Unfortunately, the use of antibiotics in aquaculture is not always regulated, and is sometimes irresponsible. This poses a health concern for consumers because ingesting even traces of antibiotics for a long time could lead to hypersensitivity to antibiotics, drug resistance, and a disruption of gut flora.

Norway and Canada, the largest producers of farmed salmon globally, do have regulatory frameworks to reduce their use of antibiotics.

But Chile, the second largest producer of farmed salmon globally, has issues with excessive antibiotic use. For more than a decade, people have questioned this excessive use. Antibiotic overuse is a significant problem that also negatively affects the environment

Two Servings of Fatty Fish Per Week

The American Heart Association recommends two servings of fatty fish per week because of its high level of omega-3 fatty acids. Fish is a good source of protein and unlike fatty meat products, it's not high in saturated fat .

Regularly eating fish and seafood is consistently associated with a lower risk for cardiovascular disease. Fatty fish is also a great source of omega-3 fatty acids, which are good for your heart. Research has shown that omega-3 fatty acids can significantly reduce your risk of heart disease and stroke.Two servings weekly are the optimal consumption to achieve this health benefit.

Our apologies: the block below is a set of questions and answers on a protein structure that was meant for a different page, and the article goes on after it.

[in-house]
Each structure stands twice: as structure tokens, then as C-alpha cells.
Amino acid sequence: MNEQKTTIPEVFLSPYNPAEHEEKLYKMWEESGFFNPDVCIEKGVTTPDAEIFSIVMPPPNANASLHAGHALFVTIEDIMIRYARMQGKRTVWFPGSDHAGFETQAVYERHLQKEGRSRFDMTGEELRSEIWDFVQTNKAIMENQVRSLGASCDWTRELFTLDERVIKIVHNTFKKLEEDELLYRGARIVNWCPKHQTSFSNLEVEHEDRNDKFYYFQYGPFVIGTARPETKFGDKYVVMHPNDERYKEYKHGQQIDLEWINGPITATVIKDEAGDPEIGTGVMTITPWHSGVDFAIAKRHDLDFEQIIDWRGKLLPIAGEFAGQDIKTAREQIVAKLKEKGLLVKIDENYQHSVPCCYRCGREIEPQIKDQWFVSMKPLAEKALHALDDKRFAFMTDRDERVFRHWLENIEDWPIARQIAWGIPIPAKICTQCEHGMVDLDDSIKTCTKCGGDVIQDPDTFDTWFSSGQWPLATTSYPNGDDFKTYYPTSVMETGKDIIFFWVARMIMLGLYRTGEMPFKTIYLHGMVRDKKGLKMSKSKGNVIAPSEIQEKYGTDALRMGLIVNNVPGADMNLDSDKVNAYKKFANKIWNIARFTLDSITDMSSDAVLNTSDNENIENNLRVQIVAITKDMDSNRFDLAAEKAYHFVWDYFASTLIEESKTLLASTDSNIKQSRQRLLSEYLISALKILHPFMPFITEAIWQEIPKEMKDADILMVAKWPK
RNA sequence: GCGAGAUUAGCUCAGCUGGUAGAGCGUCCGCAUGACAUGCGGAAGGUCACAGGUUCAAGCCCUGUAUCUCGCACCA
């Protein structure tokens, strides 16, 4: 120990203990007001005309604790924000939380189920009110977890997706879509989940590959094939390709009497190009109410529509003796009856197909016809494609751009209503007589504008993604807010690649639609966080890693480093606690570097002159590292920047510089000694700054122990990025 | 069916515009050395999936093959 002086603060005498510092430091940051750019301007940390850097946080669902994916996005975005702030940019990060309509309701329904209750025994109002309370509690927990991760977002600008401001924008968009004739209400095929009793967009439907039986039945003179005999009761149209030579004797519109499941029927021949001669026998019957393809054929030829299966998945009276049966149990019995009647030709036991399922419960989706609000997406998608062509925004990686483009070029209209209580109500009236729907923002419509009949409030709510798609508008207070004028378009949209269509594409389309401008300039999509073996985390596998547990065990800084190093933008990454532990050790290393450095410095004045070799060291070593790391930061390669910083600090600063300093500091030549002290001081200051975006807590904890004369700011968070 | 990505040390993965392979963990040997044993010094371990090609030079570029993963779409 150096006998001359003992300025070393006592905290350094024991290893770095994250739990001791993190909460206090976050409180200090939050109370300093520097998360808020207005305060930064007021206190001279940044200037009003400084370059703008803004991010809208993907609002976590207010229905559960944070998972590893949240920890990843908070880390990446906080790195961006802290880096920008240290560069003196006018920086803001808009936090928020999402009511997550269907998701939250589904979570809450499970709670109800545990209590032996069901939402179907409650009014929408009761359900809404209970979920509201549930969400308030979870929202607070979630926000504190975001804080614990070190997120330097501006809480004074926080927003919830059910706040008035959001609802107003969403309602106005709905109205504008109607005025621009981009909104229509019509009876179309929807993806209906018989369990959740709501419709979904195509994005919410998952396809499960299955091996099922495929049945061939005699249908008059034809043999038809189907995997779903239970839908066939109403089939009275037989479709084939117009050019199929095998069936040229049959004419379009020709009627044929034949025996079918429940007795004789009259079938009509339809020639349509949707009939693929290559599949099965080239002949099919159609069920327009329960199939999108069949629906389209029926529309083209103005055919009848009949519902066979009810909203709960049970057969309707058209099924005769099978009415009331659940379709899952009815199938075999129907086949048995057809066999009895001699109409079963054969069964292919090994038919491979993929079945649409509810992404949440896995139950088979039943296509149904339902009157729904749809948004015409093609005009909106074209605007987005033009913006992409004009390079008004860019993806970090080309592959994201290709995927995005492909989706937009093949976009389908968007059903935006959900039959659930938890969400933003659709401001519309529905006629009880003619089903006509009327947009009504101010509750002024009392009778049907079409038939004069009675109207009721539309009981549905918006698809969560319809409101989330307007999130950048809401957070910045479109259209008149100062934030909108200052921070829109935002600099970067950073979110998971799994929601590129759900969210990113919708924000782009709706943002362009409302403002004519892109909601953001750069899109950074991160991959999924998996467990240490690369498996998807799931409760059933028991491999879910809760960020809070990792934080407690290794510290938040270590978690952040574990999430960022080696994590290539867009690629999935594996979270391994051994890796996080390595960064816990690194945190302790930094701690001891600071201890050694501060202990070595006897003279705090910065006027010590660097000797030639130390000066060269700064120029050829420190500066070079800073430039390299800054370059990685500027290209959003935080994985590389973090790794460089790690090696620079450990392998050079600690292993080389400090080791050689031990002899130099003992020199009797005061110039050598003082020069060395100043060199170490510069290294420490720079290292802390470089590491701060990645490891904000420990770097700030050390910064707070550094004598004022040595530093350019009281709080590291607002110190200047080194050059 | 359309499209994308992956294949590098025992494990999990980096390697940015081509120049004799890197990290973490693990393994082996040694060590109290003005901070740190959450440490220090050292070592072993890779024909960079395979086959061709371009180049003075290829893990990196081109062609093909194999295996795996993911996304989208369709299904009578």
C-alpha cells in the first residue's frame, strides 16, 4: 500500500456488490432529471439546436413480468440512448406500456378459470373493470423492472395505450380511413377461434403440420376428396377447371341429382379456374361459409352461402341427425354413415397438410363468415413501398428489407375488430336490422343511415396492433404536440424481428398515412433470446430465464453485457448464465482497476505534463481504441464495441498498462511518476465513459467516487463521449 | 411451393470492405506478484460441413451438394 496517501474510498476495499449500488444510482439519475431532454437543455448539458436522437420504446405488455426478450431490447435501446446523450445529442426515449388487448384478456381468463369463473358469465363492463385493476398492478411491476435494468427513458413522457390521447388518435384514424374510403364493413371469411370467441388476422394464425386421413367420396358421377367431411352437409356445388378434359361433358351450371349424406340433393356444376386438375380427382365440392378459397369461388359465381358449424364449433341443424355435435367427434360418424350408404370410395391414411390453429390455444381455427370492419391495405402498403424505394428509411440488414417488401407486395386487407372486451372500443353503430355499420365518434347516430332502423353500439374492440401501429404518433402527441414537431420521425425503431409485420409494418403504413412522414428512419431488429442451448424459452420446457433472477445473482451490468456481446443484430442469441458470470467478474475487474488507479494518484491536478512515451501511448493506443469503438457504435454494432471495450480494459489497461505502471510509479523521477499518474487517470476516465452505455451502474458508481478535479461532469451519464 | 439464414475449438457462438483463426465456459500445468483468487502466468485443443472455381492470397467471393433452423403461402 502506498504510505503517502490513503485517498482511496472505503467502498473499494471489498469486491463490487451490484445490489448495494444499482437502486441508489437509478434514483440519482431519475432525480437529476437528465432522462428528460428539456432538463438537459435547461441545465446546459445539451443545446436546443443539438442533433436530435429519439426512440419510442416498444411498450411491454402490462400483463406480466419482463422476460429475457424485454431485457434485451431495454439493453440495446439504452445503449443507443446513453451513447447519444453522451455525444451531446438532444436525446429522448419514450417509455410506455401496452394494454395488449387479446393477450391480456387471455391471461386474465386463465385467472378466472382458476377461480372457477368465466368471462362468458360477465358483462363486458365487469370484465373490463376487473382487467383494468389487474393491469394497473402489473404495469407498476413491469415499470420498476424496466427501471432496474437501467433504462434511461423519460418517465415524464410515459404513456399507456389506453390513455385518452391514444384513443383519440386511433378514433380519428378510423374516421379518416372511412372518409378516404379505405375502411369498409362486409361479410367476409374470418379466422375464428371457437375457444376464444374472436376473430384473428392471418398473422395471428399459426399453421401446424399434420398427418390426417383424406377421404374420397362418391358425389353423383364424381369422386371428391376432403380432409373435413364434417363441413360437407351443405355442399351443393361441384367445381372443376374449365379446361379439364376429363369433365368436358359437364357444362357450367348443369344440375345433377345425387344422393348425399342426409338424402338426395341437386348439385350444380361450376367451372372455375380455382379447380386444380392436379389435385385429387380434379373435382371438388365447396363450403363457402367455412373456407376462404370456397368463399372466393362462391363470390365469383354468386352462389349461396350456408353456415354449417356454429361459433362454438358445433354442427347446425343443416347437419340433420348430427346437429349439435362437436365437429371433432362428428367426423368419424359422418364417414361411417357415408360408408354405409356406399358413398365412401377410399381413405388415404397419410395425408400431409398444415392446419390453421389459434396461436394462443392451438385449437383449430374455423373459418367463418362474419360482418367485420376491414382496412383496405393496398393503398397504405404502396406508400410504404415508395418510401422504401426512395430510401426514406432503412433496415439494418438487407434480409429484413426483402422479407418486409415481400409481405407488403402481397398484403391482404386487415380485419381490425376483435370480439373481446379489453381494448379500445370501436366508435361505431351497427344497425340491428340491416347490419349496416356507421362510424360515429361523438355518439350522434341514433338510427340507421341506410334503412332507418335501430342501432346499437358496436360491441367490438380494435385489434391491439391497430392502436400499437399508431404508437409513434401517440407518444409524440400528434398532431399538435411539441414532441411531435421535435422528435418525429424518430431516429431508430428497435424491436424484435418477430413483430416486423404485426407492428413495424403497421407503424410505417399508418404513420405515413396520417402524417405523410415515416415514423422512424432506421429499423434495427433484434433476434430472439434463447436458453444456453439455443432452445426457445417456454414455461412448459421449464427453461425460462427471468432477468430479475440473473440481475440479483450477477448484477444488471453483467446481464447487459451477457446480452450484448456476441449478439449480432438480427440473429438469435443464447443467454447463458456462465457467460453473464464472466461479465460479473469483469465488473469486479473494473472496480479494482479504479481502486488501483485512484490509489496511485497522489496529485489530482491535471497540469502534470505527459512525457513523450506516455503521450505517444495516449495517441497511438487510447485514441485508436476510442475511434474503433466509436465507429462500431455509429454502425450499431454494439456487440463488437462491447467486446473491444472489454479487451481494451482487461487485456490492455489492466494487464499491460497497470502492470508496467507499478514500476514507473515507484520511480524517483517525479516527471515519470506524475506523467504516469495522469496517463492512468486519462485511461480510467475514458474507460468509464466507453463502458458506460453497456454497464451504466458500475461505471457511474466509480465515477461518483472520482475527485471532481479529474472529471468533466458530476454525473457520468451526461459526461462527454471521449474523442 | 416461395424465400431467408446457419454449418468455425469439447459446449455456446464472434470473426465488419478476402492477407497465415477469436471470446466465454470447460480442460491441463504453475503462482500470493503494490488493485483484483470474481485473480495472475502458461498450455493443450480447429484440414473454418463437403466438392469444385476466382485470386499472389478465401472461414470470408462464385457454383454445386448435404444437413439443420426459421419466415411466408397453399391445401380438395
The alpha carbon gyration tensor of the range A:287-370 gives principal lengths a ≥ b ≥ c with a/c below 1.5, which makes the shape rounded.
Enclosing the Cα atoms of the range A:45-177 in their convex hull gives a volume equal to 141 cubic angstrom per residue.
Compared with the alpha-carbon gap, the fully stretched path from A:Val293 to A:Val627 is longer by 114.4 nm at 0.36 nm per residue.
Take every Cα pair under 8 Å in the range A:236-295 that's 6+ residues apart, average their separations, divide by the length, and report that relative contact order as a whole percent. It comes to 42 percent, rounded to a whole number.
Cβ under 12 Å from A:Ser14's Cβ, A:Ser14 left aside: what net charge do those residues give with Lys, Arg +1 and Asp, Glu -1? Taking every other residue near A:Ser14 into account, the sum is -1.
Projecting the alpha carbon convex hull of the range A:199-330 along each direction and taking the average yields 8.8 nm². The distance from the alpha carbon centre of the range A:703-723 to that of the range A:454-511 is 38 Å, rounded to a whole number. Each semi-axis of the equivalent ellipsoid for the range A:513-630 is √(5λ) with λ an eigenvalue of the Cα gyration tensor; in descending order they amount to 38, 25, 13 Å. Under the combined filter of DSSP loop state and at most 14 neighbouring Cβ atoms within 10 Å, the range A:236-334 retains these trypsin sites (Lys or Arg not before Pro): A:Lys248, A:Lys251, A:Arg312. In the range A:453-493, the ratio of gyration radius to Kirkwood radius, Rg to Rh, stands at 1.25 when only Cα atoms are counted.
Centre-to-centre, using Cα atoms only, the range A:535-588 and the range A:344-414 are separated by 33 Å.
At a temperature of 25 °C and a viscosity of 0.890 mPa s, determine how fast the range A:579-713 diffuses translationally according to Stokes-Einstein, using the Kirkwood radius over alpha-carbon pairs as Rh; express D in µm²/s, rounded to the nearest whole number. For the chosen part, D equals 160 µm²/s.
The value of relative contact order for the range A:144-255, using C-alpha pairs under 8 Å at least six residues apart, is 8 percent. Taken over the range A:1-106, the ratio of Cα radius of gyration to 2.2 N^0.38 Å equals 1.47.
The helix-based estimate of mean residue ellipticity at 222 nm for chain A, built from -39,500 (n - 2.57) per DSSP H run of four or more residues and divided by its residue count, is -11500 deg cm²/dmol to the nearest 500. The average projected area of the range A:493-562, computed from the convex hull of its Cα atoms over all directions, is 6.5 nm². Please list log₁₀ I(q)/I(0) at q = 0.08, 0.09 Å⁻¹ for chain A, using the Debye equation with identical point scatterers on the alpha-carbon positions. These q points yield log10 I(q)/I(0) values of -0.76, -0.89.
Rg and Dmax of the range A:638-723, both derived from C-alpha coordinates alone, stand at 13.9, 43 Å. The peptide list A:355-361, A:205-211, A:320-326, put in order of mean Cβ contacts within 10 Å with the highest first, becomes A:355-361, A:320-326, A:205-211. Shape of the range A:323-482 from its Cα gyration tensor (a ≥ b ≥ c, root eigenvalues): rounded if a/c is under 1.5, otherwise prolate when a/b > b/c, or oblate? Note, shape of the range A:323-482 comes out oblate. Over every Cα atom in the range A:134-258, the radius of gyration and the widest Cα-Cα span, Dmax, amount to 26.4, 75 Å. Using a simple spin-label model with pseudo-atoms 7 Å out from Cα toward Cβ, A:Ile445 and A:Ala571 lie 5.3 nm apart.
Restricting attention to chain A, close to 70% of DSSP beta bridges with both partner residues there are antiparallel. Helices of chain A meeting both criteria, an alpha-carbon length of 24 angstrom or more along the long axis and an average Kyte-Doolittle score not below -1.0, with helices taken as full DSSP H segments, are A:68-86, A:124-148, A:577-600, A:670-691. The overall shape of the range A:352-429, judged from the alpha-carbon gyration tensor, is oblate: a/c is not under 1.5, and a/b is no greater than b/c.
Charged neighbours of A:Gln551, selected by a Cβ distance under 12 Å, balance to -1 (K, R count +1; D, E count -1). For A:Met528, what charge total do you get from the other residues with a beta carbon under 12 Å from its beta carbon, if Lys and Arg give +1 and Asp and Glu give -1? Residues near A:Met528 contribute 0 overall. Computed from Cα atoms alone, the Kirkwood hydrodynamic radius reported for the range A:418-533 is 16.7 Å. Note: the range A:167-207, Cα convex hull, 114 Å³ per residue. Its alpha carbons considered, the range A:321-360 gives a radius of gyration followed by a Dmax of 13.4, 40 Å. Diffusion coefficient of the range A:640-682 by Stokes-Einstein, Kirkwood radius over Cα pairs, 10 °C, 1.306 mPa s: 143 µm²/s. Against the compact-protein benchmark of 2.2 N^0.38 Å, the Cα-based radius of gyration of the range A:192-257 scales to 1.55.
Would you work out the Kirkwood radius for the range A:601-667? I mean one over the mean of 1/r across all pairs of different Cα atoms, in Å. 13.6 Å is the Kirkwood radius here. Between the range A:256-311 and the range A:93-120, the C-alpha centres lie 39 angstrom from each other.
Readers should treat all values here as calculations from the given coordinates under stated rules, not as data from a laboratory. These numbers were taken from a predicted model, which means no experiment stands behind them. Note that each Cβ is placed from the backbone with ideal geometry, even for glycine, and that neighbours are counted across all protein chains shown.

For overall health benefits, any type of salmon is a nutritious choice for quality protein, omega-3 fatty acids, and beneficial nutrients. When it comes to considering farm raised vs wild caught salmon, both contain quality protein and are nutritious choices.

Wild salmon, however, have fewer calories, more vitamins and minerals, fewer omega 6’s and abundant omega 3’s.

Sustainably Harvested Wild Salmon

The Popsie Fish Company is a three-generation family, proudly working as set net fishers in Bristol Bay, Alaska, fishing from shores close to the mouth of the Egegik River.

When considering farm raised vs wild caught salmon, the obvious healthy choice is wild salmon. With its expertise and love of fishing, The Popsie Fish Company gets you tasty wild-caught salmon in the freshest way possible.

From the fisher to the fork, you get wild-caught fish boxes from Alaska that are shipped frozen and ready to cook. There is no subscription necessary. Shop the wild-caught salmon from The Popsie Fish Company today.